Do you live on the Winnicut River, or one of its brooks or streams? Would you like to learn how to have a "better backyard," or be a steward for wildlife? Do you enjoy birding, kayaking, or trail walking? Have you got Invasive Plant Problems? Would you like to learn more about the Winnicut River and its wildlife diversity, from its treefrogs and trout lilies, to its black bears and white cedars? If you can answer 'yes' to any of the above, we need YOU. The WRWC is working hard to develop a Better Backyard campaign which promises to be a rewarding program for land/homeowners interested in protecting the integrity of the Winnicut River, its streams and brooks, and ultimately Great Bay, and the wildlife that lives and breeds here. E-mail us today to learn more at

Sunday, September 18, 2011

Third and final VBAP site

Yet another great day for sampling for aquatic insects in the Winnicut River was had on Wednesday, September 14th.  Exeter volunteer David Loch assisted WRWC project director Jean Eno (perhaps the other way around!), and Andy Gould from the Coastal Program also helped.

Biotic scores will be posted as soon as the data sheets are completed.  These scores are indicative of the kinds of insects found during sampling, with values assigned to certain insects having various tolerances to polluted water conditions.  We found some insects that are somewhat intolerant of polluted water, which is a good thing, but while a positive consideration at first glance, it would have been more reassuring if we had found insects that are outright intolerant of unhealthy water.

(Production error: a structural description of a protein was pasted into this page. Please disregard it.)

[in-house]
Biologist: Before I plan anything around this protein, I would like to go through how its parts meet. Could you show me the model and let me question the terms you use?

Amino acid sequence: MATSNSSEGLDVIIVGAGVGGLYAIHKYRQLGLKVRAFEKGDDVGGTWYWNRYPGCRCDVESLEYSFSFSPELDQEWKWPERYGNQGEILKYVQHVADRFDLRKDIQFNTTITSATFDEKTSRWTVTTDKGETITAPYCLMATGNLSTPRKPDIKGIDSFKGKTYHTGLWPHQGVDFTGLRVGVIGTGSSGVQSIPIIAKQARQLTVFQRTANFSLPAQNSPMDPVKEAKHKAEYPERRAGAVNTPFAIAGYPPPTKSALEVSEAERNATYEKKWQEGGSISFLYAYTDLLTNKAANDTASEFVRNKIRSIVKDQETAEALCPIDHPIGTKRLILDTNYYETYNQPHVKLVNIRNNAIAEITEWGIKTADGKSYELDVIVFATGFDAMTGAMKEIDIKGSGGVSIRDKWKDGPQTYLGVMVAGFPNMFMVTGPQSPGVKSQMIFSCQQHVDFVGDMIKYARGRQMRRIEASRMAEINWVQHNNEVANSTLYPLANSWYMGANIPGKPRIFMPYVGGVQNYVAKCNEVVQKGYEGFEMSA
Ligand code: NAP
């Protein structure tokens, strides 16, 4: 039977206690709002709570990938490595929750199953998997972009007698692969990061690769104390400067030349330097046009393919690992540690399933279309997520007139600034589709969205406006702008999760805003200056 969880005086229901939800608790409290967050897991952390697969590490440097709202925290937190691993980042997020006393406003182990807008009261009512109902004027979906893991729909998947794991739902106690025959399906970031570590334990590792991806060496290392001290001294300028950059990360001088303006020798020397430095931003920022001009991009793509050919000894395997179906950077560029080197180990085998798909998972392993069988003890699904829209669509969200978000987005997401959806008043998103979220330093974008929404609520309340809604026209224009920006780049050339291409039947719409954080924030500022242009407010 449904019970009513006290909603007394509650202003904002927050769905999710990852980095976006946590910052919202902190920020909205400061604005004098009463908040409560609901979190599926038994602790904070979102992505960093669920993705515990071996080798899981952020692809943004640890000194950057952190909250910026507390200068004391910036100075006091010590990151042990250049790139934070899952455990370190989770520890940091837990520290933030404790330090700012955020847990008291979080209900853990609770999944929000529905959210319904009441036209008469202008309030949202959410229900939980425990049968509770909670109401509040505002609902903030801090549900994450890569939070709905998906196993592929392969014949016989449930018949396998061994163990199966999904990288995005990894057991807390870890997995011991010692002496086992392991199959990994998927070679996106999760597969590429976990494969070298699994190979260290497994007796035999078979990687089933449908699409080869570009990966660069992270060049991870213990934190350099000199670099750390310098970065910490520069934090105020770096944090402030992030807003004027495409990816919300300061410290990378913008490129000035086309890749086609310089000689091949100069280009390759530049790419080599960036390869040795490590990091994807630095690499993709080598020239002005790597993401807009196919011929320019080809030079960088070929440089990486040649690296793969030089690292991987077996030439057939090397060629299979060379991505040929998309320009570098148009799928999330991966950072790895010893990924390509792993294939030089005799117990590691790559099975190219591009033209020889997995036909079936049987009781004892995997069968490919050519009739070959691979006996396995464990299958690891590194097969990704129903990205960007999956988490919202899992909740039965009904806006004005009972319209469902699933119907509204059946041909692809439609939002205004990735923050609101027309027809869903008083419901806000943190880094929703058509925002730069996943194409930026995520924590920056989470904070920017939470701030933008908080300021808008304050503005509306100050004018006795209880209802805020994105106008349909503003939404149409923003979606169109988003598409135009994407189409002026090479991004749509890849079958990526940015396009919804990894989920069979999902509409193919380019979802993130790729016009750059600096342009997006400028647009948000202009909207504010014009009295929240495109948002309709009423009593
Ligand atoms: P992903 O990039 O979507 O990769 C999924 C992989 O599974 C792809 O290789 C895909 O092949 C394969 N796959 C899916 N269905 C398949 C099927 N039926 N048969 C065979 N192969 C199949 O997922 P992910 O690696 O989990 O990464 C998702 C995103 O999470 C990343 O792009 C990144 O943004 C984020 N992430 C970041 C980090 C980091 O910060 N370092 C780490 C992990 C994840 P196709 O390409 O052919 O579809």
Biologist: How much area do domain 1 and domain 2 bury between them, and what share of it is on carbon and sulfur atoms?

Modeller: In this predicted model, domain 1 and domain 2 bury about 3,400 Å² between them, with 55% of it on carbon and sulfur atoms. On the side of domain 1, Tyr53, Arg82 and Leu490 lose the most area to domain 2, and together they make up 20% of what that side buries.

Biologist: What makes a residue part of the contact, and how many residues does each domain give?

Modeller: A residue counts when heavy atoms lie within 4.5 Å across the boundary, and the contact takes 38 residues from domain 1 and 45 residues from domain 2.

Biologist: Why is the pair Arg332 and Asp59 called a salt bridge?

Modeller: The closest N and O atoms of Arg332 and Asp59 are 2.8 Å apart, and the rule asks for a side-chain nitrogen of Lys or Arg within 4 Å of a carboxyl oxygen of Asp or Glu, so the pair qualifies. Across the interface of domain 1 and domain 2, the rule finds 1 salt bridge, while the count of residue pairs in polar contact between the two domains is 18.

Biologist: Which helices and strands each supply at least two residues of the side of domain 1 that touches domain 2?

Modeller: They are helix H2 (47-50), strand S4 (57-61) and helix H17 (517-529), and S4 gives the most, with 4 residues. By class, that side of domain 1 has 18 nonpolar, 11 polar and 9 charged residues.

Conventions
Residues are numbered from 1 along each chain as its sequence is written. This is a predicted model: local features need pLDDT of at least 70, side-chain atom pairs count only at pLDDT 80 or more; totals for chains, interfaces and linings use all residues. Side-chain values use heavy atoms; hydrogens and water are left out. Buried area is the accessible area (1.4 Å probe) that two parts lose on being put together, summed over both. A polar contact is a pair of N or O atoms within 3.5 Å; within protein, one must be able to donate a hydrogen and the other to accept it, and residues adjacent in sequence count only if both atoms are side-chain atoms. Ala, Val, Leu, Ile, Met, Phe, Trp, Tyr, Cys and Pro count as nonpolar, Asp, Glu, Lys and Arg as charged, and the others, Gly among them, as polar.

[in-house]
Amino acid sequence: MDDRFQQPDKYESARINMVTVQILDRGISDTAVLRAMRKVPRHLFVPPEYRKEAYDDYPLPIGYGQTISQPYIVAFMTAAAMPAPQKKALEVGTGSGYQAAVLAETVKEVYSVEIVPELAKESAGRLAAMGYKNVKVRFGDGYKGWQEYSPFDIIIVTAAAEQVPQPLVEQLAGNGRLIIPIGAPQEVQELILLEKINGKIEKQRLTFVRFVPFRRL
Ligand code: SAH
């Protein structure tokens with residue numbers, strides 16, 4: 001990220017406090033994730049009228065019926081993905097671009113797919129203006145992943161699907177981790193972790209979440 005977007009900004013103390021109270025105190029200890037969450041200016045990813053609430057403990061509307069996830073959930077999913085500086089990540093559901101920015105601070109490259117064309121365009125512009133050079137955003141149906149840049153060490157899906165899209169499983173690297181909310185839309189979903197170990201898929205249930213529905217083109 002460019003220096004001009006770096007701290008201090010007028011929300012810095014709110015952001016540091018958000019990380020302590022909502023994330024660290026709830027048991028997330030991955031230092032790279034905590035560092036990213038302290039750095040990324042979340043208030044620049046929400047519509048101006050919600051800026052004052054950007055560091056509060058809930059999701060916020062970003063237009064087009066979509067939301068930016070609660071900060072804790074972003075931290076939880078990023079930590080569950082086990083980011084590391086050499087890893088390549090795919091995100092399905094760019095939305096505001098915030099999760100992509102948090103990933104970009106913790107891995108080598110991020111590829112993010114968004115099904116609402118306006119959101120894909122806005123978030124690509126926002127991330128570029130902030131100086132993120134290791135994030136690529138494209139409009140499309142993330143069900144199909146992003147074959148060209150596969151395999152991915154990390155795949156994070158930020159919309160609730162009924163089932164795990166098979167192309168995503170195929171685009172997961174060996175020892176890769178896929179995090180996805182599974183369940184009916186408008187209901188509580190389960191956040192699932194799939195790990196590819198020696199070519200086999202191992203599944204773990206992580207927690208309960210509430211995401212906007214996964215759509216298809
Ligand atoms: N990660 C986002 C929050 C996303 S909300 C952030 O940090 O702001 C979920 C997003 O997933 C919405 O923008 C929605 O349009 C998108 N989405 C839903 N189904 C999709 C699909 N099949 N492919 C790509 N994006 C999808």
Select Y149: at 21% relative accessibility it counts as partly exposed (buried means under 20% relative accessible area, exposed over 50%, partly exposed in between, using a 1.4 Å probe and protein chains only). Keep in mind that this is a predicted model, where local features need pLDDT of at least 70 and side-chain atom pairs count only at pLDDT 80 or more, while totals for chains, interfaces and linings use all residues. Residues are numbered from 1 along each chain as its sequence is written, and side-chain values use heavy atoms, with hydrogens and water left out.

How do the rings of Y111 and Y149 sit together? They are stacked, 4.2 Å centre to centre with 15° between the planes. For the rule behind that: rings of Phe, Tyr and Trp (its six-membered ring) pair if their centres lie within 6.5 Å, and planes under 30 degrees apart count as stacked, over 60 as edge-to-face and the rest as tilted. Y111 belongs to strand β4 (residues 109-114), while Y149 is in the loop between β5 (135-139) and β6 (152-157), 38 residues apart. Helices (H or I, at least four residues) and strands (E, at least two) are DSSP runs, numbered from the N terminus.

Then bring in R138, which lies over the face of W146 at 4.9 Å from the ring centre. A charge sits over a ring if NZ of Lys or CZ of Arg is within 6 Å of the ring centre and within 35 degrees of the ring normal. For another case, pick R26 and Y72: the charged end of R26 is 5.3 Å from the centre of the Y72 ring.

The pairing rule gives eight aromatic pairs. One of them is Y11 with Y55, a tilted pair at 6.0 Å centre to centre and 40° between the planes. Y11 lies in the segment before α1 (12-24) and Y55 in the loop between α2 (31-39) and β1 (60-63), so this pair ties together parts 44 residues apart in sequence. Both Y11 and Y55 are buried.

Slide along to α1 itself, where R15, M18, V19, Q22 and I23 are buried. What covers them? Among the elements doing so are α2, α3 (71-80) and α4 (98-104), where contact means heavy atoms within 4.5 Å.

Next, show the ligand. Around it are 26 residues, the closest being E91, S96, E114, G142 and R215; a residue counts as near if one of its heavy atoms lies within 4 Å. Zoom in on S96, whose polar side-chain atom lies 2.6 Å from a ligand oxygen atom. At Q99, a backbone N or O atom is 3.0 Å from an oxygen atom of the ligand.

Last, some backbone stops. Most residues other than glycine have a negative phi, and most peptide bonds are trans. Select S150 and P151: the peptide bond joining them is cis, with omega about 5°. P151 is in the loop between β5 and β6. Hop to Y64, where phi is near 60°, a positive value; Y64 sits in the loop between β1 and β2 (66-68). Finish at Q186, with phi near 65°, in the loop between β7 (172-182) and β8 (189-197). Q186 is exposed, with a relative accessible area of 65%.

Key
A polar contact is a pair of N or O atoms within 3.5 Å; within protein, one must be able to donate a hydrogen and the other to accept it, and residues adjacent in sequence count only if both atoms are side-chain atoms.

Exeter volunteer David Loch collects the day's bucket of water for holding the 5 samples that will be collected via kicknet.  He is just downstream of the bridge on Winnicut Rd. in Stratham, NH.

This little branch of the Winnicut main stem has just the right depth and riffling for our purposes!

The bridge is hard to see here, but it runs right to left near the top of the photo.  So, looking upstream. 

Facing upstream.  Winnicut Rd. bridge in Stratham.  Notice the old timbers from the former grist mill that once stood at this location.

"Scrubbing" for bugs!  The flow of the water pushes insects and debris scrubbed off the rocks straight into the net.  After 30+ seconds of scrubbing by hand, one volunteer will then use their feet for kicking up gravel, which also helps send insects into the net. 

The flow from the left (immediately to David's left) and the flow from the right (over by where the bucket sits) are the result of a secondary culvert next to the bridge which splits the main stem for a brief time.
Once under the bridge and through the culvert, the river returns to one stem.  Here, the camera is facing downstream from the Winnicut Rd. bridge in Stratham, NH  

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